• VCE is Abuzz with High-impact Bee Work

    VCE bee biologist Spencer Hardy attempts to net a bee during one of many surveys. © Jacqueline Huettenmoser

    This article is the third in a series highlighting projects made possible by generous contributions to VCE’s ALL IN for Biodiversity campaign.

    The ALL IN for Biodiversity campaign is expanding VCE’s capacity and conservation impact by investing in pioneering science, collaborating for conservation outcomes, and broadening our vision for community science. Your ALL IN for Biodiversity gift makes this possible.


    For over a decade, VCE has been positively buzzing with activity, surveying far and wide for bee species across the state. Our efforts kicked off with the Bumblebee Atlas in 2012 and reached a crescendo in 2022 with the State of Vermont’s Wild Bees (State of Bees) report. Little did we know that this would start a multi-state ripple of pollinator work. Although VCE’s “bee team” isn’t new, much of the research that made the State of Bees report possible was supported in part by the ALL IN for Biodiversity campaign. VCE’s bee-focused studies—past and present—exemplify the power of long-term monitoring coupled with community science to yield invaluable data for conservation.

    “The Bumblebee Atlas led to several bee species being listed in the 2015 Vermont Wildlife Action Plan and also helped us get the funding we needed to start our statewide bee survey in 2019,” VCE biologist Spencer Hardy recounts. The goals of the Vermont Wild Bee Survey were to determine how many species exist in the state, identify where they are found, and produce a robust report to guide conservation action.

    A statewide bee survey is no easy task, and it begs the question: Where does one find a species of bee not yet discovered in Vermont? Well, there are straightforward places to look like a patch of sunflowers in Burlington or the wetlands of Missisquoi National Wildlife Refuge. Then there are the less obvious spots, like in a random roadside ditch. These are all real locations where Hardy and former VCE biologist Nathaniel Sharp discovered species new to the state.

    During the five-year Vermont Wild Bee Survey, VCE biologists and volunteers discovered 20% of Vermont’s 352 currently-known bee species for the first time and documented ranges for many others. VCE Conservation Biologist Kent McFarland was head of the project and got the idea after observing a common hole in datasets across the state. “Invertebrate species, in general, are massively under-surveyed. Important pollinators like bees can have a major influence on ecosystems and crops. How can we conserve these insects if we don’t even know what’s here in our own state?” McFarland explains.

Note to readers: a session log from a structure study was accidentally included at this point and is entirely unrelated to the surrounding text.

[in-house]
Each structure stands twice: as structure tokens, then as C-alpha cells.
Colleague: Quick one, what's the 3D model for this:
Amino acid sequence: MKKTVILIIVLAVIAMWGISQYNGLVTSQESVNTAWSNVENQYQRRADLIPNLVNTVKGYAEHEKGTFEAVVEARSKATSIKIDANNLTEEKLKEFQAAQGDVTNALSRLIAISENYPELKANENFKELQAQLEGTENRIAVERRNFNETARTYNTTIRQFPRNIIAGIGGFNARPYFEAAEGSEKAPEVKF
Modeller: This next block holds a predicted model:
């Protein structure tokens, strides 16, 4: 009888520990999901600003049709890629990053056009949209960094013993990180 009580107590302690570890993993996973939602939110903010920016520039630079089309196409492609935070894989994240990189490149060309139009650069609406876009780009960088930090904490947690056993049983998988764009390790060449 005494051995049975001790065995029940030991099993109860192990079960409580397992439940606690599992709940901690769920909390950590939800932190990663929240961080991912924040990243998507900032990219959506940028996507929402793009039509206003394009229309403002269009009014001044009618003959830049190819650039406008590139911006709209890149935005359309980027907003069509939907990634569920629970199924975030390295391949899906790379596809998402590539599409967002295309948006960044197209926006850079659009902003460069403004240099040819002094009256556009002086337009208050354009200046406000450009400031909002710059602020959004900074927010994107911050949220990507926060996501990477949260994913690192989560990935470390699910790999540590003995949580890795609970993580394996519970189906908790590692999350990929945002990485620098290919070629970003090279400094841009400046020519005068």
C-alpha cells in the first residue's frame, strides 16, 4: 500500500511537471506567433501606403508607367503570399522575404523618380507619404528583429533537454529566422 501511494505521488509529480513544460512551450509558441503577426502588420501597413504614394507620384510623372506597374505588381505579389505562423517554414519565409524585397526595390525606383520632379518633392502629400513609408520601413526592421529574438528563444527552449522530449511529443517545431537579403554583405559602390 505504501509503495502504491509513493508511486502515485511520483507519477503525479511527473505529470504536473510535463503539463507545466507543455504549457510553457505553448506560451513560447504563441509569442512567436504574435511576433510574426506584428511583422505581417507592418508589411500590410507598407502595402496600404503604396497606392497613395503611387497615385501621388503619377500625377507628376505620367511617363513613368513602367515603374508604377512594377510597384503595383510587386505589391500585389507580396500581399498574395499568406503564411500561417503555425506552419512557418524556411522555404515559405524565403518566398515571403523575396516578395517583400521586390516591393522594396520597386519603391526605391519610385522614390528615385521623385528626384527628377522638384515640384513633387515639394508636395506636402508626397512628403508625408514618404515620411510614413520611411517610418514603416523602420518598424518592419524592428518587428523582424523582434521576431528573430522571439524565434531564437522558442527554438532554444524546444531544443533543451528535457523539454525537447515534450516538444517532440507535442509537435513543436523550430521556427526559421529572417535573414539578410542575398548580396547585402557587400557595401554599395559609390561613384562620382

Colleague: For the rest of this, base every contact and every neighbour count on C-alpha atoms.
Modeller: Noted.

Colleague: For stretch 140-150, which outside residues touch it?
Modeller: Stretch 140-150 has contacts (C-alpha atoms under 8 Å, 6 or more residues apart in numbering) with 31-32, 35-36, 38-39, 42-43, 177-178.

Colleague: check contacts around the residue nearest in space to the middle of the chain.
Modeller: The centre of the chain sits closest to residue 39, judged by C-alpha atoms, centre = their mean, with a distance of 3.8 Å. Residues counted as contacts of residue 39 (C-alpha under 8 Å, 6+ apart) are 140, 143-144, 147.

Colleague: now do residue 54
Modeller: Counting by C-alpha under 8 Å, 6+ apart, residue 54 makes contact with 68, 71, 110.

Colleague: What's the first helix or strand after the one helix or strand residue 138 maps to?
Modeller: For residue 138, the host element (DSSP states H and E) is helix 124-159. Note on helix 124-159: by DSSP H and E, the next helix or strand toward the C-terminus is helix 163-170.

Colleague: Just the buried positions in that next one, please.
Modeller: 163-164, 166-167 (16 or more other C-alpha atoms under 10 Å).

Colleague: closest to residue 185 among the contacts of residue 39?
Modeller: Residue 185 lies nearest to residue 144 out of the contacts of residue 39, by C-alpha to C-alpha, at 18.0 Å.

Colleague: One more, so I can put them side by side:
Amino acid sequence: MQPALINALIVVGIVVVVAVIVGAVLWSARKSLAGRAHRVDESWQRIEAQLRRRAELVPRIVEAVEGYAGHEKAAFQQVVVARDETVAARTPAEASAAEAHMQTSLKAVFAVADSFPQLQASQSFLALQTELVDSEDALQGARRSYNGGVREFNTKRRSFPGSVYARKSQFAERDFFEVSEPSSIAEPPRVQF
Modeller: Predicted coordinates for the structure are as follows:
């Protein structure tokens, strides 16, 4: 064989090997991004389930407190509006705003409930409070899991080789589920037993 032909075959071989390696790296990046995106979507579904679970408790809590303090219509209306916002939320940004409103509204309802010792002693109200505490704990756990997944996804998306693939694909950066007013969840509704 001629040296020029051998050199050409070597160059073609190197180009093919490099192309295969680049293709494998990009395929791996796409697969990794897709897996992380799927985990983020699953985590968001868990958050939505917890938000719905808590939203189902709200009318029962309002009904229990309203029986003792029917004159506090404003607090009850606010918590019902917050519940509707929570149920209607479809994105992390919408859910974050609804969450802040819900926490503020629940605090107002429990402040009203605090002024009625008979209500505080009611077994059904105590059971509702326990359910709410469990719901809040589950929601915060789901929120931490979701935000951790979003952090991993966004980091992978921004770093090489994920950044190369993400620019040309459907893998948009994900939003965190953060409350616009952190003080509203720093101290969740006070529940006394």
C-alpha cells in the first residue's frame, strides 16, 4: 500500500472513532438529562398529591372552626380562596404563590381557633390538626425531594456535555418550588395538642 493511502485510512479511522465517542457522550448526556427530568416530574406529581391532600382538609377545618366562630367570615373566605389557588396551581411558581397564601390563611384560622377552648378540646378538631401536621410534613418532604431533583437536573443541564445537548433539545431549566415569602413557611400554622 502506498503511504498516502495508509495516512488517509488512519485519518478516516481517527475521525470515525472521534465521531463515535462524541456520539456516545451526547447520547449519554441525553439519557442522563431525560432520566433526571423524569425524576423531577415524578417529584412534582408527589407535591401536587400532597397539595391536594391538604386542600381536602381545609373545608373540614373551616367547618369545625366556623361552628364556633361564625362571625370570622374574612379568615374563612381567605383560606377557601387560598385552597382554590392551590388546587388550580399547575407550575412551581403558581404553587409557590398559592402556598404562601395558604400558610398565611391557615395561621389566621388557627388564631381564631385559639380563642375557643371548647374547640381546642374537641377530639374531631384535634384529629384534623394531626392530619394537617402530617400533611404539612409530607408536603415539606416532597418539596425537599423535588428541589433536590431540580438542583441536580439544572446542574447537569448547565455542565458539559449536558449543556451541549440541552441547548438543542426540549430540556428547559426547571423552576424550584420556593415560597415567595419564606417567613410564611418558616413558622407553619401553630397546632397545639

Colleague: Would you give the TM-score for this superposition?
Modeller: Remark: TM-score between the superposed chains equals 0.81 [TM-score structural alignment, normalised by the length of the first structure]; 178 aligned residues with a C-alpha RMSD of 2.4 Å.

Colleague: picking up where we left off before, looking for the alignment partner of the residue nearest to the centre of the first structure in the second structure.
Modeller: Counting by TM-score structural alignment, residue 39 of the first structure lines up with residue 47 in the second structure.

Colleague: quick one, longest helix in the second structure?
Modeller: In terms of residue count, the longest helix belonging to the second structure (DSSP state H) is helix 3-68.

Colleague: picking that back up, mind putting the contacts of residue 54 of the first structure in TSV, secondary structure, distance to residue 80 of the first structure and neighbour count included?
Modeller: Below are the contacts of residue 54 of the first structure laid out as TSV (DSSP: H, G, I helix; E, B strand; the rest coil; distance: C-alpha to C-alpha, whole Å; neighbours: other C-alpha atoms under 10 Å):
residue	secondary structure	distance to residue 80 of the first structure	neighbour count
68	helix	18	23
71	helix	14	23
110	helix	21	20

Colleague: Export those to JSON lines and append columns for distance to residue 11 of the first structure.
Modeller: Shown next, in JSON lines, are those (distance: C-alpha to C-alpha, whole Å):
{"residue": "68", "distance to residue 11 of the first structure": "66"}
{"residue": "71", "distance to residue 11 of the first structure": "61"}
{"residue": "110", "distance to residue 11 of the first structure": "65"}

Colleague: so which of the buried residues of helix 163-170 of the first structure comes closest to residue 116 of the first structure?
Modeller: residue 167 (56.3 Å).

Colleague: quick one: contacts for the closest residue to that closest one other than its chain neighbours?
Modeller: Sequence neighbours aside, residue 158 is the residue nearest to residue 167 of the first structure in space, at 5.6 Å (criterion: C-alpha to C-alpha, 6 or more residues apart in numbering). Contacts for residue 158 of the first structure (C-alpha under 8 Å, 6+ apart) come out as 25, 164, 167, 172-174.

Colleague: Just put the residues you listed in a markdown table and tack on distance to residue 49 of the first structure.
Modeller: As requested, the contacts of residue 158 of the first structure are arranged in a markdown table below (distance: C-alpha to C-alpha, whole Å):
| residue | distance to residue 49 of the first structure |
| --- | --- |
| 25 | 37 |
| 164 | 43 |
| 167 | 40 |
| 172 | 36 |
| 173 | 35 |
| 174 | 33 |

Surveys like this are crucial because they not only help us learn what species are right in our backyard but also help us identify high-priority areas to conserve. With a clear picture of which bees live where, conservation professionals can make sound decisions, even as the climate changes. In late 2022, the Bumblebee Atlas and Vermont Wild Bee Survey culminated in the State of Vermont’s Wild Bees report, which identifies 55 species and 12 Important Bee Areas as high conservation priorities.

    This map shows the number of bee species across Vermont, with dark purple on the lowest end and bright yellow-green on the highest. Vermont county lines are marked in black. For an interactive version, please visit the State of Vermont’s Wild Bees report. Figure credit to Michael Hallworth

    Since the report’s release, VCE’s bee team has had no shortage of work. Over the past several years, this project has garnered interest from across Vermont and beyond. Through the Vermont Pollinator Working Group, VCE has joined forces with the University of Vermont Extension and the Vermont Bee Lab to gather a wide range of stakeholders from across the state and broader Northeast region. The working group has created an education campaign for Vermont farmers, is working to restrict certain pesticides that harm bees, and is evaluating the scientific foundation of a proposed bill banning specific chemicals, which is currently making its way through Vermont’s State House.

    McFarland, who has been studying pollinators in Vermont for decades, provided official testimony stating, “Some bumblebees in Vermont have had a marked decline in the last 30 years, likely due to multiple stressors. One of these stressors is pesticides.” McFarland continues, “Neonicotinoids are known to cause both lethal and sublethal harm to wild bees and other pollinators. Addressing the use of this stressor on pollinator populations and other insects is an important step for their conservation.” You can read the full testimony in this article.

    Beyond the Northeast, other states—Washington, California, and Texas—have joined forces with our scientists to work on a national bee assessment in their own regions. This nascent project will synthesize raw bee occurrence data from projects like the Vermont Wild Bee Survey and generate conservation ranks for species. As Hardy explains: “By ranking bee species, state and regional planners who might not have the resources to complete their own bee surveys can develop comprehensive conservation strategies that support species of most concern.”

    We’re thrilled that our work has become a standard for others to emulate, and we hope that someday, every state will have a program to document and conserve its bee diversity.

    You can read all the articles in this series here.

    Watch Episode 2 of Conservation Coffee Hour, featuring a conversation between Susan and Spencer about Vermont’s wild bees.


    VCE is all in for biodiversity. Will you join us by participating in one of our projects or making a special gift to the ALL IN for Biodiversity campaign?

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